|A relatively unguided series of words about words
||[Posted on Wednesday, 14 November 2012 at 1:54 am]
There's something magical about the written word. I'm not talking about physically marking an actual piece of paper, brick wall in an alley, or a the wall of a public toilet stall (although these are all legitimate media). For my purposes, "the written word" encompasses the obvious print and digital media, but also less obvious things like road signs, computer code, storefronts emblazoned with neon, and the "Watch Your Step" placard at your friendly neighborhood food court.
It's the idea that you can encode an idea so that people you'll never meet might have the opportunity to read, digest, ponder, ruminate over, internalize, regurgitate, adjust for their own purposes, andmost importantlyre-read as many times as they'd like that awakens my sense of wonder. It's partly about mastery of (a) language, but more about the fact that by reading something, you've joined some sort of a club that was founded by the person who wrote it.
Have you ever said, "Have you ever read ___?" or had someone say it to you? It is followed in 96.4% of all cases by "You should!" or "Isn't it awesome?" (depending on the response). The remaining cases are treated with "You shouldn't!" or "Isn't it awful?" (respectively). And as much as I'd love to come up with a third category to be an obscure, humorous, miniscule slice of the pie, nobody ever says, "Have you ever read ___? Meh."
People read, and they recommend (for or against) based on how they feel about their membership in that club. If you liked what you read, you want to invite other people into the club so they can enjoy it as you did. Like so many other things in life, it speaks to the fact that most people get a kick out of shared experiences. And the beautiful thing, unlike a traditional club, is that there's no limit on membership.
Which always makes me feel like I'm missing out on something. I remember little before I learned how to read, but what I do remember is that I was forever pestering my parents and big sister with the same question: "What does that say?" There was information out there, and I didn't have it. Even then I knew that even the familiar part of my world was bigger than I'd ever be able to get ahold of, but I'd be damned if I wasn't going to try to get ahold of as much of it as possible. Still, for every club that I join, I uncover numerous others that I'd like to be inducted into.
I find it impossibly frustrating every time I come across something written in a language I don't understand. That impossible frustration is compounded (if that's possible) when it appears in one of the numerous writing systems whose clubhouse I haven't visited. (I might be able to stumble through pronouncing a paragraph of Spanish, even if its meaning is gobbledegook to me, but I literally wouldn't even know where to start if presented with Braille, Chinese characters, or heiroglyphics of any sort. I actually can't use the phrase "It's Greek to me" the way most people would, because my engineering background forced me to learn what most of the Greek letters are, and my natural burning to know made me figure out their Latin equivalents.)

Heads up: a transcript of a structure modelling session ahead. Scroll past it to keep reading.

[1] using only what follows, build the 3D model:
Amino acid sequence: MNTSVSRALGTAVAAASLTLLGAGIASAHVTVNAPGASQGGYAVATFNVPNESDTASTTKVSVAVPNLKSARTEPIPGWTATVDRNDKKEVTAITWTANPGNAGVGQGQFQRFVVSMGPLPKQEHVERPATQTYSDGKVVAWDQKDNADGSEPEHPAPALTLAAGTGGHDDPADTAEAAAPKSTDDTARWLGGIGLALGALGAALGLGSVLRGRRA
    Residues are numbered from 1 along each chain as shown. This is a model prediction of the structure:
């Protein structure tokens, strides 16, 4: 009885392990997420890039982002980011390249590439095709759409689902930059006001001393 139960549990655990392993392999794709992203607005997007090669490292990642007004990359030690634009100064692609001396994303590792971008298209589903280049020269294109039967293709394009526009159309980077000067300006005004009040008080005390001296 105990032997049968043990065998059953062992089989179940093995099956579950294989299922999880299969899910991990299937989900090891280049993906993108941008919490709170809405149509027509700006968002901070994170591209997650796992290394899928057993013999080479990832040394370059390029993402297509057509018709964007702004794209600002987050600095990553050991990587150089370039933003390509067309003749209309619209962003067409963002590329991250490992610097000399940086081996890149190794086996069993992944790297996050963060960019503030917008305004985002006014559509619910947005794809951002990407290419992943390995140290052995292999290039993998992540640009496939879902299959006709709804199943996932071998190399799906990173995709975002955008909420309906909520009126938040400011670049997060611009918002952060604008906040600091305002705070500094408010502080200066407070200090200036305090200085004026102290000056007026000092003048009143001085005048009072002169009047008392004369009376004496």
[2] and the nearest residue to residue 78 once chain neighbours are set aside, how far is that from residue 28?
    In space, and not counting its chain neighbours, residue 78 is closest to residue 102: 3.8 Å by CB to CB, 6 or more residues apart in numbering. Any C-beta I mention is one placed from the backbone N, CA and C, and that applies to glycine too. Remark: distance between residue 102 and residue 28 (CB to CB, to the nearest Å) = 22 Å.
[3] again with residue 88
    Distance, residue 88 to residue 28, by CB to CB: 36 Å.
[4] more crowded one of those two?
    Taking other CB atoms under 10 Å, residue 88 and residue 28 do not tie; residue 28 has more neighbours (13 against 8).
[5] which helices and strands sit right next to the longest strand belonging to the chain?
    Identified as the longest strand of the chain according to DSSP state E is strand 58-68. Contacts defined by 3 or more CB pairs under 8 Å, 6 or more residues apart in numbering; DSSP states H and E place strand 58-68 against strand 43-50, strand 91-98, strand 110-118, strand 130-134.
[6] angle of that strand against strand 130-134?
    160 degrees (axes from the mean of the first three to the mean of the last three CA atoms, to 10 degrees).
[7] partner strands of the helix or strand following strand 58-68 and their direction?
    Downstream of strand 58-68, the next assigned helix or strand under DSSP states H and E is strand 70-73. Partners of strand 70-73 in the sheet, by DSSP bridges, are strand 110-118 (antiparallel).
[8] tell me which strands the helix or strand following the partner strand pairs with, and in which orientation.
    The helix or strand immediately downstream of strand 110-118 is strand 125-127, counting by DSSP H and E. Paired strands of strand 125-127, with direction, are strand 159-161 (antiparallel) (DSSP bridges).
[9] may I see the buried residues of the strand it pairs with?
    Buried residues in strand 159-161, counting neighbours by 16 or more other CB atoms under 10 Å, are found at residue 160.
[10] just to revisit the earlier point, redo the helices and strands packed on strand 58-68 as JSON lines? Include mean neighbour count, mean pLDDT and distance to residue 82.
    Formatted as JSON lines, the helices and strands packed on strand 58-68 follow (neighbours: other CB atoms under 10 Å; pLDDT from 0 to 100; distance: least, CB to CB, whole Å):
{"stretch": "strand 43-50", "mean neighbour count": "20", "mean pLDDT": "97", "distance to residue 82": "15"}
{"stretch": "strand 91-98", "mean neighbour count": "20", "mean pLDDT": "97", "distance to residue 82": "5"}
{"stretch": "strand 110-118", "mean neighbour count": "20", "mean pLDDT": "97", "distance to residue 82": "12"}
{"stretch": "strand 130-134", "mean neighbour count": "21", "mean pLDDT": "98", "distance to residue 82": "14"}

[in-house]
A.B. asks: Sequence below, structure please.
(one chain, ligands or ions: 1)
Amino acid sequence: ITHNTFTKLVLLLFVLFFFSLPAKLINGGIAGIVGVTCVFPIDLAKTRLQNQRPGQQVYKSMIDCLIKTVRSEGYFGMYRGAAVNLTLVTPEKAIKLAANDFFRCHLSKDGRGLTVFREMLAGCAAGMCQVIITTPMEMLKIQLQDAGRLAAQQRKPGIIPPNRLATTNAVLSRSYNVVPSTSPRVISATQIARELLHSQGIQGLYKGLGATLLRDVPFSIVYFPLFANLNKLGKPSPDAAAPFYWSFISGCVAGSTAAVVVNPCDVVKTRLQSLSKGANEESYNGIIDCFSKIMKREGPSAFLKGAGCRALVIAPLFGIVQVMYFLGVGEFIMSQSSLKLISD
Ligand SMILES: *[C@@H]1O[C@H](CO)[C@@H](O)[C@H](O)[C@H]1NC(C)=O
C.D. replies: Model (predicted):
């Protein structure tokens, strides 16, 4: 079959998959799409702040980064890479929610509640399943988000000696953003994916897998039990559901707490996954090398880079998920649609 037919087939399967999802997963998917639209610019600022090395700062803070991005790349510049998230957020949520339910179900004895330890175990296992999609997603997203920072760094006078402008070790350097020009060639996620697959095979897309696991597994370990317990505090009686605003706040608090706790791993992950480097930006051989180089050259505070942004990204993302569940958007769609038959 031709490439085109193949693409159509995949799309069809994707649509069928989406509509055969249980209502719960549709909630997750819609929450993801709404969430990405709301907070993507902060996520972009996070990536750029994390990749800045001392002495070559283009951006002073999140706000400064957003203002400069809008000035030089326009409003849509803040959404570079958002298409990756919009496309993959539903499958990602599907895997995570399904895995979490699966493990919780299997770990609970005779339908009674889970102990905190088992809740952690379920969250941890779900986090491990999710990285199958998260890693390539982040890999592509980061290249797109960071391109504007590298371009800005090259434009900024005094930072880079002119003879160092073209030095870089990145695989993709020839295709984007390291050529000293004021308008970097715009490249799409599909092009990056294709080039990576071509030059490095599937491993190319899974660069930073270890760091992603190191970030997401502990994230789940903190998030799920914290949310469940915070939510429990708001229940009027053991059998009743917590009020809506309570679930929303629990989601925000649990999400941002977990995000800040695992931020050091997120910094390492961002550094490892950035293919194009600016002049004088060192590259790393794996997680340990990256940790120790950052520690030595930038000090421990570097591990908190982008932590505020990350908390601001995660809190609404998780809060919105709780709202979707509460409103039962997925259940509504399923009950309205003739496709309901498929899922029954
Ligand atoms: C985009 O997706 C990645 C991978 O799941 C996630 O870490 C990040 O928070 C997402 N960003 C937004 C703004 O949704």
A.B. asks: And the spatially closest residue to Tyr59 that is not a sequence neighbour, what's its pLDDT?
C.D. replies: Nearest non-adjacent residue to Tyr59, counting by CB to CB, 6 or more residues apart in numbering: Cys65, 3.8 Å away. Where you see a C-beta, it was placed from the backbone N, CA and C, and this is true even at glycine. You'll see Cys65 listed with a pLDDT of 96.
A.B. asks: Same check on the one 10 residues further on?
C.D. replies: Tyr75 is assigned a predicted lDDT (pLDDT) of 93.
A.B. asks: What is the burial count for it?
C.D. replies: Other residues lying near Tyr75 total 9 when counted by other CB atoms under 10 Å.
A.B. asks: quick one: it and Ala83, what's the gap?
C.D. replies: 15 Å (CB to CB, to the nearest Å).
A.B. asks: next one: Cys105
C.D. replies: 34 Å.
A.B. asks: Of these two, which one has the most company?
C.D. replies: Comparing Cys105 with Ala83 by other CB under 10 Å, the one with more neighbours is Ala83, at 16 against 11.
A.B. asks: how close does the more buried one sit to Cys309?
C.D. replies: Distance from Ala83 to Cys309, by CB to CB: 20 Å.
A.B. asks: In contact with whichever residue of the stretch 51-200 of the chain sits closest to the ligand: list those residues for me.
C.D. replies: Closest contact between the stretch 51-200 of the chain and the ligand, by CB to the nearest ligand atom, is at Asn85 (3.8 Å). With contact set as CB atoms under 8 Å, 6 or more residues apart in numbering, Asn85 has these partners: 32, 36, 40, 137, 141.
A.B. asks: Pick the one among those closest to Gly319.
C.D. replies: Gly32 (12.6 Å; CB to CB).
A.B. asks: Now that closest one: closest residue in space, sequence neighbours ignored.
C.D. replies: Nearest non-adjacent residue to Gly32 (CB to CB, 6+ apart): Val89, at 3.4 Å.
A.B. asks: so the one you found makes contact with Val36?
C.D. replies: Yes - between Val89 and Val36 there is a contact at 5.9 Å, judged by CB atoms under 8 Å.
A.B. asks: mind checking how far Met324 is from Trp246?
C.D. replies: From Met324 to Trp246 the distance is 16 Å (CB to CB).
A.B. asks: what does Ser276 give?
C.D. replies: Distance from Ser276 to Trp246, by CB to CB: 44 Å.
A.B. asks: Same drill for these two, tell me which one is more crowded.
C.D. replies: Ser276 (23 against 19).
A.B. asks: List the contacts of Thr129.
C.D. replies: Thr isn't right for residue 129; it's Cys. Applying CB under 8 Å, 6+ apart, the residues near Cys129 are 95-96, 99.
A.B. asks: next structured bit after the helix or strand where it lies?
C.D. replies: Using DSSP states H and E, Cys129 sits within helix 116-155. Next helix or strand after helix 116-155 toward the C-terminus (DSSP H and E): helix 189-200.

And so I read a lot. Books, TV listings, newspapers, menus, ESPN's BottomLine, food packages, books, books, books, books, books, box scores, game stories, books, packing slips, book reviews, weather reports (which I rarely heed), books, and the greatest invention of all time: WIKIPEDIA. Somewhere in there, I developed a taste for well-developed ideas, which I think brings about at least a part of my difficulty interacting with actual people. Almost everyone sounds dumb to me if they don't speak in properly structured sentences, or at least ones that deliberately break from standard in order to serve some rhetorical purpose. What's more, I can't stand to be thought of that way (even though I'm consciously aware (now) that virtually no one else thinks that way), so I usually don't speak until I'm confident I can express an idea with grammar that is at least defendable, if not outright unassailable.
As a result, I cannot bear the company of anyone who isn't funny enough to make me overlook their grammar, and I speak far less than average. On top of this, I tend to speak as I write: in compound, complex, and compound-complex sentences which almost invariably involve an unusually large number of commas, adverbs, and conjunctions.
So I go back to my books (etc.), and in times of self-pity, I often choose a book I've read before because I know I like to visit that clubhouse. And that's where the real magic of the written word is: re-readability. Without any resistance, I can go back to any given page and find the exact same words just waiting there for me. (And while there's all that sort of business about not being able to stand in the same river twice, I'm not feeling post-modern enough to go into the ramifications of changing perspectives right now.) Sometimes that property feels like a curse when I read a paragraph ten times without processing it, but the beauty is that no matter how many times my mind wanders, no matter whether I fall asleep in the middle, I'll never miss anything, because I can just pick up where I left off. And whoever had the idea would thank me for sticking it out and getting every word, as opposed to speakers who would likely be annoyed by a lack of attention and would rather not have to repeat themselves.
So if "always there for you" is the definition of a friend, the written word is easily the best friend I've ever had.